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Unformatted text preview: Chapter 6: The Normal Distribution • Normal Distributions • Applications of the Normal Distribution • The Central Limit Theorem • The Normal Approximation to the Binomial Distribution. The Normal Distribution : • A normal distribution is a continuous, symmetric, bellshaped distribution of a variable with curve equation g1877 g3404 1 g2026 2g2024 g1857 g2879 g2869 g2870g3097 g3118 g4666g3051g2879g3091g4667 g3118 where μ is the population mean and σ is the standard deviation. The Properties of the Theoretical Normal Distribution: 1. A normal distribution curve is bellshaped. 2. The mean, median, and mode are equal and are located at the center of the distribution. 3. A normal distribution curve is unimodal. 4. The curve is symmetric about the mean. 5. The curve is continuous ; that is, there are no gaps or holes. For each value of X , there is a corresponding value of Y. 6. The curve never touches the x axis . 7. The total area under a normal distribution curve is equal to 1.00 , or 100%. 8. The area under the part of a normal curve that lies within 1 standard deviation of the mean is approximately 0.68, or 68%; within 2 standard deviations, about 0.95, or 95%; and within 3 standard deviations, about 0.997, or 99.7%. The standard Normal distribution: • The standard normal distribution is a normal distribution with a mean of 0 and a standard deviation of 1, i.e. has eq. g1877 g3404 1 2g2024 g1857 g2879g3051 g3118 Note: any normally distributed variable x can be transformed to a standard normal variable z using the transformation g1878 g3404 g3051g2879g3091 g3097 . • Table E in Appendix C gives the area under the standard normal curve to the left of any z value from 3.49 to 3.49 . Finding Areas Under (the probability) the Standard Normal Distribution Curve: 1. To the left of any z value: Look up the z value in the table and use the area given . 2. To the right of any z value: Look up the z value and subtract the area from 1. 3. Between any two z values: Look up both z values and subtract the corresponding areas. Important: The area under the normal curve within two values (a,b) equals the probability that the normal variable x takes values within these two values (a,b)....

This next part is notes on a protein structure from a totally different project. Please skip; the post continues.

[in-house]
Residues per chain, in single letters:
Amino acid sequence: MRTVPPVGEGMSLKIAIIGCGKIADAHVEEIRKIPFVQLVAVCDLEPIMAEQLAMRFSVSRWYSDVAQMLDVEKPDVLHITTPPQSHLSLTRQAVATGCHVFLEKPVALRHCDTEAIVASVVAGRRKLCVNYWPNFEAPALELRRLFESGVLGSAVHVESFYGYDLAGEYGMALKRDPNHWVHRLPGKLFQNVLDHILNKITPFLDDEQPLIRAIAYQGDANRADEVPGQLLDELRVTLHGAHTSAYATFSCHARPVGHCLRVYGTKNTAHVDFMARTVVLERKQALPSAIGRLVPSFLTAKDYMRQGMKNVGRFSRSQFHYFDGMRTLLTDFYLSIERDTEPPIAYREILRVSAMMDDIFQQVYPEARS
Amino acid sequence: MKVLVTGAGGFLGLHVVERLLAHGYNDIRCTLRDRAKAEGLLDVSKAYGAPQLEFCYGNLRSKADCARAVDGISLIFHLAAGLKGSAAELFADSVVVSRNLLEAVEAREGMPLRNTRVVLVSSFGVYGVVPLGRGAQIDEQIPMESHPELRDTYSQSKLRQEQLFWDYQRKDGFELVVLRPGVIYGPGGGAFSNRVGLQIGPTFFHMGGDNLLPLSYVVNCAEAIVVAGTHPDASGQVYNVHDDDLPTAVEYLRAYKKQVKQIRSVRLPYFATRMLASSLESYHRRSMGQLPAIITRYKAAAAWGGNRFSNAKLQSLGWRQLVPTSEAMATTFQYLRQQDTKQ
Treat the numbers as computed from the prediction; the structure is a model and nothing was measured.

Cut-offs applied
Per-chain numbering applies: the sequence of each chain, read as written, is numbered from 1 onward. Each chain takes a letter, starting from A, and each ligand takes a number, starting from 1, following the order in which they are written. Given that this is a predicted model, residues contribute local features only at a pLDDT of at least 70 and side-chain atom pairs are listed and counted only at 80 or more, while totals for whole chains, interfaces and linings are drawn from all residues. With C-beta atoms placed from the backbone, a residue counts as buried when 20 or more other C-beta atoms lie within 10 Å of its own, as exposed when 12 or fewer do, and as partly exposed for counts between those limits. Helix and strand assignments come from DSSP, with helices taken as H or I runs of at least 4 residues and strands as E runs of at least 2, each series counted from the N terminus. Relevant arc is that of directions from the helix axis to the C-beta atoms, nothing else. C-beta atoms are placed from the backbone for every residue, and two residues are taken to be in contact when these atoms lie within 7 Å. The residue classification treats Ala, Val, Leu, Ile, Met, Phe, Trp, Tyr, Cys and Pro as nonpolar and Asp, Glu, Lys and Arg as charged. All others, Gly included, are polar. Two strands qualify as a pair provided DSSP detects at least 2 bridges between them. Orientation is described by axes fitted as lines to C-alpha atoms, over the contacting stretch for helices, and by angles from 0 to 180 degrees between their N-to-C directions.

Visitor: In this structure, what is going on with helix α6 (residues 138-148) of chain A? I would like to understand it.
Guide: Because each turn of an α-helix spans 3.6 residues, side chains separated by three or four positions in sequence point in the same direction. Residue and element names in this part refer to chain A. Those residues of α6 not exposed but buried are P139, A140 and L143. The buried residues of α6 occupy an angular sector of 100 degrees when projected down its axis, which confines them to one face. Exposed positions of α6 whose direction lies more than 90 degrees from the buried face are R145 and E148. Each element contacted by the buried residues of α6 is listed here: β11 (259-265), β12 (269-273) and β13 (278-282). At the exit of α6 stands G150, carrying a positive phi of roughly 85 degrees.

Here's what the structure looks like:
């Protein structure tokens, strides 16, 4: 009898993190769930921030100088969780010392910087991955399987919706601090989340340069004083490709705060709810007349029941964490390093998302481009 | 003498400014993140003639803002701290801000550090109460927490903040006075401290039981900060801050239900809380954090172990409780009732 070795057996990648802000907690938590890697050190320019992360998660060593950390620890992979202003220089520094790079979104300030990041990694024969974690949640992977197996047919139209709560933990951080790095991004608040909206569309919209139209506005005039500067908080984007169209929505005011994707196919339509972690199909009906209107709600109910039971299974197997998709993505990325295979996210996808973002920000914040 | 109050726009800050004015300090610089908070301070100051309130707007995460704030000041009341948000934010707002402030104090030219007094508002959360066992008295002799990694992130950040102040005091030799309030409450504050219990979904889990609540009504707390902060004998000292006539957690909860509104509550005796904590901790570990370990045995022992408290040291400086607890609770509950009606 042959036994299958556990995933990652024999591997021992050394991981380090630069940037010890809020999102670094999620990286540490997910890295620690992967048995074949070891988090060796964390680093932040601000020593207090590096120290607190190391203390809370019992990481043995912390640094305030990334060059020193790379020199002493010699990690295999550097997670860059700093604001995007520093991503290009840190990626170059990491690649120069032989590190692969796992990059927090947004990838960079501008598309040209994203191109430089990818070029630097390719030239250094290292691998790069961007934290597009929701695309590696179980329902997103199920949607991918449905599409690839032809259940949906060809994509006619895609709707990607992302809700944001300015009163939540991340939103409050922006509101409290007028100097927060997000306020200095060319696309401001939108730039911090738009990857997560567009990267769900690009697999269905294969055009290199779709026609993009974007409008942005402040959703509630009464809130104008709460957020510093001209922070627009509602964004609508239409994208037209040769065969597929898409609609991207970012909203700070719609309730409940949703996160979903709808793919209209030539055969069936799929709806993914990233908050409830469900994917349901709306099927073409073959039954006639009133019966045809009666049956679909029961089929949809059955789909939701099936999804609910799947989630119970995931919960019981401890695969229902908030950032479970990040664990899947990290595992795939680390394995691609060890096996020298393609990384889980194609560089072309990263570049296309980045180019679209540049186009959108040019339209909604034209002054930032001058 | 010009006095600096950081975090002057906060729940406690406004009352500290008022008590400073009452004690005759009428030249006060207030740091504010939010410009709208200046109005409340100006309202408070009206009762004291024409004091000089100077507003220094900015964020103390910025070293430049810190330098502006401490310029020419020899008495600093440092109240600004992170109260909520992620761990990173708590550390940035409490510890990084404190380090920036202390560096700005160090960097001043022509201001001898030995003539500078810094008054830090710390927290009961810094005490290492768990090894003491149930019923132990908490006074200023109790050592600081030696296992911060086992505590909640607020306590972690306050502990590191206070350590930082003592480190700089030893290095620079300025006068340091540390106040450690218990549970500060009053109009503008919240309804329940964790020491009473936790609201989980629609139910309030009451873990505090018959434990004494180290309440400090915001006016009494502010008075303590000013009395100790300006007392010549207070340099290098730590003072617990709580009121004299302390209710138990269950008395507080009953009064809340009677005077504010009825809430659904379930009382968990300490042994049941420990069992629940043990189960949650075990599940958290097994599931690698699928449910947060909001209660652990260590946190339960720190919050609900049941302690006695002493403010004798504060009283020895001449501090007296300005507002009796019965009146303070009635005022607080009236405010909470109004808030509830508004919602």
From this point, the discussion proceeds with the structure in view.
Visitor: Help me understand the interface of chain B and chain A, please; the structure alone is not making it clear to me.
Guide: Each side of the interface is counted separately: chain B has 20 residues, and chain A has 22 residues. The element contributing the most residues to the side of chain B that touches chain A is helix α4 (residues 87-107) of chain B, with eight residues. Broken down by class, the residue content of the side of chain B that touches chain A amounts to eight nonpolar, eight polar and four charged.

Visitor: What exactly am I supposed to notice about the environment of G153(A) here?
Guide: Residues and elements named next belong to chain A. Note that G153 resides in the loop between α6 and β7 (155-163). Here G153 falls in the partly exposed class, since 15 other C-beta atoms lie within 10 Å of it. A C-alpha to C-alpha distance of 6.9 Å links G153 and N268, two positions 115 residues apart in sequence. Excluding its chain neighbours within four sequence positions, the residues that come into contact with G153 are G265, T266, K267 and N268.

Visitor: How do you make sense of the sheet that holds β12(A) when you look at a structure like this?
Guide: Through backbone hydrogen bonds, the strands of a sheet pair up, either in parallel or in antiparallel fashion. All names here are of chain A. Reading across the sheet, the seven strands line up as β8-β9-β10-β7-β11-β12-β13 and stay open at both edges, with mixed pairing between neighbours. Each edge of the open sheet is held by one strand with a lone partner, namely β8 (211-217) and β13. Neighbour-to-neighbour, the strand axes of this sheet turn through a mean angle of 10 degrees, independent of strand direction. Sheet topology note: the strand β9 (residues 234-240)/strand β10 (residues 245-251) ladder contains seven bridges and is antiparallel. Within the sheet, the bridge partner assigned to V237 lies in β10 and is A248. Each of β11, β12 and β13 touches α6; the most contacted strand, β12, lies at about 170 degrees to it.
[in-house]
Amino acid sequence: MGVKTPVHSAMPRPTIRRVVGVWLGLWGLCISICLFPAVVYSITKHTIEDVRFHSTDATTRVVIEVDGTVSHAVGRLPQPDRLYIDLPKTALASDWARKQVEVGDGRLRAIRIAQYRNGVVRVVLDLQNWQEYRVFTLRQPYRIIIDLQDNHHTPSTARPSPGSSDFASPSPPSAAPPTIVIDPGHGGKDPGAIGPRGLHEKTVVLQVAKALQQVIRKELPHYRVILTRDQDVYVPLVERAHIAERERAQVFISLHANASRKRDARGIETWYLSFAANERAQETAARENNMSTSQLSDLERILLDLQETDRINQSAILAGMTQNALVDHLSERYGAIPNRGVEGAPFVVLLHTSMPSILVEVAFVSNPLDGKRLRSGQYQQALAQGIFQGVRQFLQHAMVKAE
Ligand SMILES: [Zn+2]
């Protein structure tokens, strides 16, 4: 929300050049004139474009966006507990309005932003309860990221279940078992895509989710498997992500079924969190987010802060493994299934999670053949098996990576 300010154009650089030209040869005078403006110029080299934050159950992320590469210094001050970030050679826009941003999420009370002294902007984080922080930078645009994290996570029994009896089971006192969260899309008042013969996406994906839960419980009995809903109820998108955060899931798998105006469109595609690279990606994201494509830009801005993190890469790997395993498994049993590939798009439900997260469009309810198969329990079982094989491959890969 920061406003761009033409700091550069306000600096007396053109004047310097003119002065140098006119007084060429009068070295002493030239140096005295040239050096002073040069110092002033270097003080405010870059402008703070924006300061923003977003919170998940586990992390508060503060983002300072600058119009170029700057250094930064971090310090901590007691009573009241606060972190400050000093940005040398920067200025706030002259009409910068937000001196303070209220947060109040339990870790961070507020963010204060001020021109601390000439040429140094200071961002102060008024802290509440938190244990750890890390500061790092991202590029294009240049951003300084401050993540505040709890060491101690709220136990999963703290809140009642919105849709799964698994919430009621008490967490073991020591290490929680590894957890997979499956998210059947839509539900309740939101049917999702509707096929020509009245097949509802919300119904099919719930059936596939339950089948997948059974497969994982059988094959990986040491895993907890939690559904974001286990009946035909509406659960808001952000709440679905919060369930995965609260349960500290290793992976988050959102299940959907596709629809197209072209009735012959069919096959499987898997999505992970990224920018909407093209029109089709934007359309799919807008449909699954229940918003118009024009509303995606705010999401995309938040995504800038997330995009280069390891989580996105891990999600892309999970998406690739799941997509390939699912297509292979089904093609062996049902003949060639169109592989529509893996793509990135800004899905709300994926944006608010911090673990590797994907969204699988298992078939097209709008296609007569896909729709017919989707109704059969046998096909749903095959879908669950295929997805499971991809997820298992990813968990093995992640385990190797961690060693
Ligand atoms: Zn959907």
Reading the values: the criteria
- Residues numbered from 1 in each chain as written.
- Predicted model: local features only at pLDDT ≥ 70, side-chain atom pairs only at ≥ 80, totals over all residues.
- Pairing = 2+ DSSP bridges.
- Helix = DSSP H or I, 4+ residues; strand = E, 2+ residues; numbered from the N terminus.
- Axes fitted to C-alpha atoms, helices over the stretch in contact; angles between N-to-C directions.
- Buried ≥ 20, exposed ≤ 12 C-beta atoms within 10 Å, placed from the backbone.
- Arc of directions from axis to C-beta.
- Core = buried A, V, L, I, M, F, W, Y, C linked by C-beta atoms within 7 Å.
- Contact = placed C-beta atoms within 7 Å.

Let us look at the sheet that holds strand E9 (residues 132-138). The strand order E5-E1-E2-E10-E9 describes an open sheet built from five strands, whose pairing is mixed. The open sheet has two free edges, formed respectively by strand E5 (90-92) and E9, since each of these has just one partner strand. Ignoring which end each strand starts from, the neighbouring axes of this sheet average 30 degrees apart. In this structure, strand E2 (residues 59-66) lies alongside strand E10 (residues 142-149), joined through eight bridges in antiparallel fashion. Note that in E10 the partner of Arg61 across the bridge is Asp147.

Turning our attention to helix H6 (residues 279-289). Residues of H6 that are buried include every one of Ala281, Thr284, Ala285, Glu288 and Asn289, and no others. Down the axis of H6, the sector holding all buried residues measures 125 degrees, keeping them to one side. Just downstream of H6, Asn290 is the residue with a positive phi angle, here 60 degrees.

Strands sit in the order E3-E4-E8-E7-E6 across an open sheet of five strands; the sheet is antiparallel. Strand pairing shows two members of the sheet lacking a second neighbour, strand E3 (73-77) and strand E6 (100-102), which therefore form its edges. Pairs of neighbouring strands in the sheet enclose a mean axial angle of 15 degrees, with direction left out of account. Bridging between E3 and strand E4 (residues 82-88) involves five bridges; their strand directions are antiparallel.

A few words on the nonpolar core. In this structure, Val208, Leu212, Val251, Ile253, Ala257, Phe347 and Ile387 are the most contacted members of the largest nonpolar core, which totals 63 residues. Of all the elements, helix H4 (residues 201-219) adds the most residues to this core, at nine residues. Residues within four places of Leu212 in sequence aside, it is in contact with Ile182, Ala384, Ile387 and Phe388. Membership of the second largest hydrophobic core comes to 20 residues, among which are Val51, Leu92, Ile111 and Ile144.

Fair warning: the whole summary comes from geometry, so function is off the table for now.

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This note was uploaded on 03/10/2012 for the course STAT 101 taught by Professor Johnanderson during the Spring '12 term at Amity University.
 Spring '12
 johnanderson
 Statistics, Binomial, Central Limit Theorem, Normal Distribution

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